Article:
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Istituto di Scienza e Tecnologie dell'Informazione     
Giannotti F., Nanni M., Pedreschi D., Pinelli F., Renso C., Rinzivillo S., Trasarti R. Mobility data mining: discovering movement patterns from trajectory data. In: IWCTS'10 - International Workshop on Computational Transportation Science (San Jose, CA, USA, 3-5 November 2010). Proceedings, pp. 7 - 10. ACM, 2010.
 
 
Abstract
(English)
The analysis of movement data has been recently fostered by the widespread diffusion of new techniques and systems for monitoring, collecting and storing location-aware data, generated by a wealth of technological infrastructures, such as GPS positioning and wireless networks [2]. These have made available massive repositories of spatio-temporal data recording human mobile activities, such as location data from mobile phones, GPS tracks from mobile devices, etc.: is it possible to discover from these data use- ful and timely knowledge about human mobility? The GeoPKDD project [1], since 2005, investigated this direction of research; the lesson learned is that there is a long way to go from raw data of individual trajectories up to high-level collective mobility knowledge, capable of supporting the decisions of mobility and transportation managers. Such analysts reason about semantically rich concepts, such as systematic vs. occasional movement behavior and home- work commuting patterns; accordingly, the mainstream analytical tools of transportation engineering, such as origin/destination ma- trices, are based on semantically rich data collected by means of field surveys and interviews. Clearly, the price to pay for this rich- ness is hard: mass surveys are very expensive, so that their peri- odicity is very broad and obsolescence is rapid; poor data quality is also a plague: people tend to respond elusively and inaccurately. On the other extreme, automatically sensed mobility data record in- dividual trajectories at mass level, in real time. Clearly, the price topay here is exactly the lack of semantics in raw data: How to bridgeFigure 1: The steps of the mobility knowledge discovery pro- cess.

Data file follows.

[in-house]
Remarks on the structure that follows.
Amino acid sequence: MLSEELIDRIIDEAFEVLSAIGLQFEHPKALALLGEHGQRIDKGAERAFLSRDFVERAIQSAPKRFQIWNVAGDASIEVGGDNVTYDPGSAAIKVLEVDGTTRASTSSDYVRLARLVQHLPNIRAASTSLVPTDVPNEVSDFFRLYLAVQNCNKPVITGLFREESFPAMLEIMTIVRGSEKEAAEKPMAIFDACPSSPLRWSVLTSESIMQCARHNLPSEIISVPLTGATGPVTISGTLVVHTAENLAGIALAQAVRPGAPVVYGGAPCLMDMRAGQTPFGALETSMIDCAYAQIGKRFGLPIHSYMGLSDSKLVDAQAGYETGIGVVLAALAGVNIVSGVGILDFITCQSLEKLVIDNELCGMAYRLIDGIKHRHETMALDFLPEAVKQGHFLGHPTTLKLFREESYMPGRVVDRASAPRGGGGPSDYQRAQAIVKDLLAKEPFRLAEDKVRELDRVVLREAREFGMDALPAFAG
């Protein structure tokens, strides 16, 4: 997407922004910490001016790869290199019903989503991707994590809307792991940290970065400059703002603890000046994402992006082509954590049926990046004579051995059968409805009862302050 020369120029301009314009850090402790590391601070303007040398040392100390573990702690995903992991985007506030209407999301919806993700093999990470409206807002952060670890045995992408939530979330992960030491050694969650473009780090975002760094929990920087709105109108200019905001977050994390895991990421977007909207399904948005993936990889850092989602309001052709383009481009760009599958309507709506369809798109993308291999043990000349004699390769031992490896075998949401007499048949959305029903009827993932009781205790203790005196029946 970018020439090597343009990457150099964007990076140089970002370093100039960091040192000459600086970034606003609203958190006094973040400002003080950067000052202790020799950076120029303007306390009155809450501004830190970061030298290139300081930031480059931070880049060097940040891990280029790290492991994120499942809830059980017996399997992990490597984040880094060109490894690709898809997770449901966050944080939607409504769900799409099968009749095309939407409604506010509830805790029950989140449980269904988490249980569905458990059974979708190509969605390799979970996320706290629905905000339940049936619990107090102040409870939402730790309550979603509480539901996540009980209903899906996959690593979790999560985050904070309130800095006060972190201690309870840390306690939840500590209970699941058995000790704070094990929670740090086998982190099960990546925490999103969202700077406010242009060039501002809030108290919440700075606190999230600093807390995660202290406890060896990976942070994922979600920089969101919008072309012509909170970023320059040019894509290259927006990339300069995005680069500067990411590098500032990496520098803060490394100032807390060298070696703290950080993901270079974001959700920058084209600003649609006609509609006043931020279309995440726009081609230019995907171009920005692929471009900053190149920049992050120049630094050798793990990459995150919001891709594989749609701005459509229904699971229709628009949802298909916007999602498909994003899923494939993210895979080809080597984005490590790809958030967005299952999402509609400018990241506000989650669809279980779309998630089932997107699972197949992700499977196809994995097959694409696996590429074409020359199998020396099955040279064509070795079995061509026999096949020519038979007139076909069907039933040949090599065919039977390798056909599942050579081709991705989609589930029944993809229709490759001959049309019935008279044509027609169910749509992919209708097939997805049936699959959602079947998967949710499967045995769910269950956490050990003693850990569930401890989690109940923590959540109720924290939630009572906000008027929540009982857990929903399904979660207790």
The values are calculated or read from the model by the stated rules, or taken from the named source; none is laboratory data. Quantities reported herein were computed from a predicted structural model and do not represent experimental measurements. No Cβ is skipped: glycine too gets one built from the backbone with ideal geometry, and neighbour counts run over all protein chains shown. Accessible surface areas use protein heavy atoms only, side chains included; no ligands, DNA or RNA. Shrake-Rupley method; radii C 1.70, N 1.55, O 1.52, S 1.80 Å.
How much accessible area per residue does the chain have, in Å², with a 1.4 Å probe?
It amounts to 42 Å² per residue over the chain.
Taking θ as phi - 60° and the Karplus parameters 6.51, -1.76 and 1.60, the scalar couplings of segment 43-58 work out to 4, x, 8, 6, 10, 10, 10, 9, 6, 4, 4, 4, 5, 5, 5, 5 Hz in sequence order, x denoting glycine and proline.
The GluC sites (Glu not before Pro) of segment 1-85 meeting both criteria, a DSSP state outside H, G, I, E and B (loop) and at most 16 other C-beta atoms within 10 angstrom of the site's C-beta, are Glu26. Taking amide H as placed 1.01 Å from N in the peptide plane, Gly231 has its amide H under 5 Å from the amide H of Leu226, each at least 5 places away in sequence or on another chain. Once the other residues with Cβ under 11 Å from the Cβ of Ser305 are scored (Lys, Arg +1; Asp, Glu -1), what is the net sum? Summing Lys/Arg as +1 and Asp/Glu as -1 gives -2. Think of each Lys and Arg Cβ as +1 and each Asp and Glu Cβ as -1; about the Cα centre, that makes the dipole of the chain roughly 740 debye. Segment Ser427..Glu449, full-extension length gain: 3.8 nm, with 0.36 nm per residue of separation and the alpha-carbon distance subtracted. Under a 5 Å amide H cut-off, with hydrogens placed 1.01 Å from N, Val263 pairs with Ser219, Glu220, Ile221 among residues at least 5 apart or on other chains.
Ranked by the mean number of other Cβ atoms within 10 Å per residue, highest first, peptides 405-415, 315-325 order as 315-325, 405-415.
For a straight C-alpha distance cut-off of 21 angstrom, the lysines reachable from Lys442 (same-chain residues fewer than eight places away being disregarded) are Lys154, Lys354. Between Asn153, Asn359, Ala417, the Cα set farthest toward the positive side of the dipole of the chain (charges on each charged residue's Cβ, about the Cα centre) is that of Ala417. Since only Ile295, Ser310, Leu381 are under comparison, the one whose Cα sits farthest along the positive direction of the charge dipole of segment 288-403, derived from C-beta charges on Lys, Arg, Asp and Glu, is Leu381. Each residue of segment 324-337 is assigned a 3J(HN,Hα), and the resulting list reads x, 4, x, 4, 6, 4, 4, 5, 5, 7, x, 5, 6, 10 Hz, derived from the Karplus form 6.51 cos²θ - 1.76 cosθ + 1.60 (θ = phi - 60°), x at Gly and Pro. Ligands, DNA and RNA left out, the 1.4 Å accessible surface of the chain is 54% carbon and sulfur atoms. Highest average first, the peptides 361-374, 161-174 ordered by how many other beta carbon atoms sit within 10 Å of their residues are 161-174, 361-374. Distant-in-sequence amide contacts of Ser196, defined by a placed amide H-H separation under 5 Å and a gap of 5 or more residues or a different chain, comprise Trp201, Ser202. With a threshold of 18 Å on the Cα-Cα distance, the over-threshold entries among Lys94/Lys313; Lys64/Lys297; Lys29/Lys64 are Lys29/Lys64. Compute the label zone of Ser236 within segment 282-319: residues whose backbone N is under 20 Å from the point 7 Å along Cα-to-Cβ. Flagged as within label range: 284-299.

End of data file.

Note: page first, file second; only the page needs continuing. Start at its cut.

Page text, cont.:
URL: http://portal.acm.org/citation.cfm?id=1899444&CFID=6070360&CFTOKEN=23813010
DOI: 10.1145/1899441.1899444
Subject Data mining
Applications and ExpertSystems
Computational transportation science (CTS)
H.2.8 Database Applications


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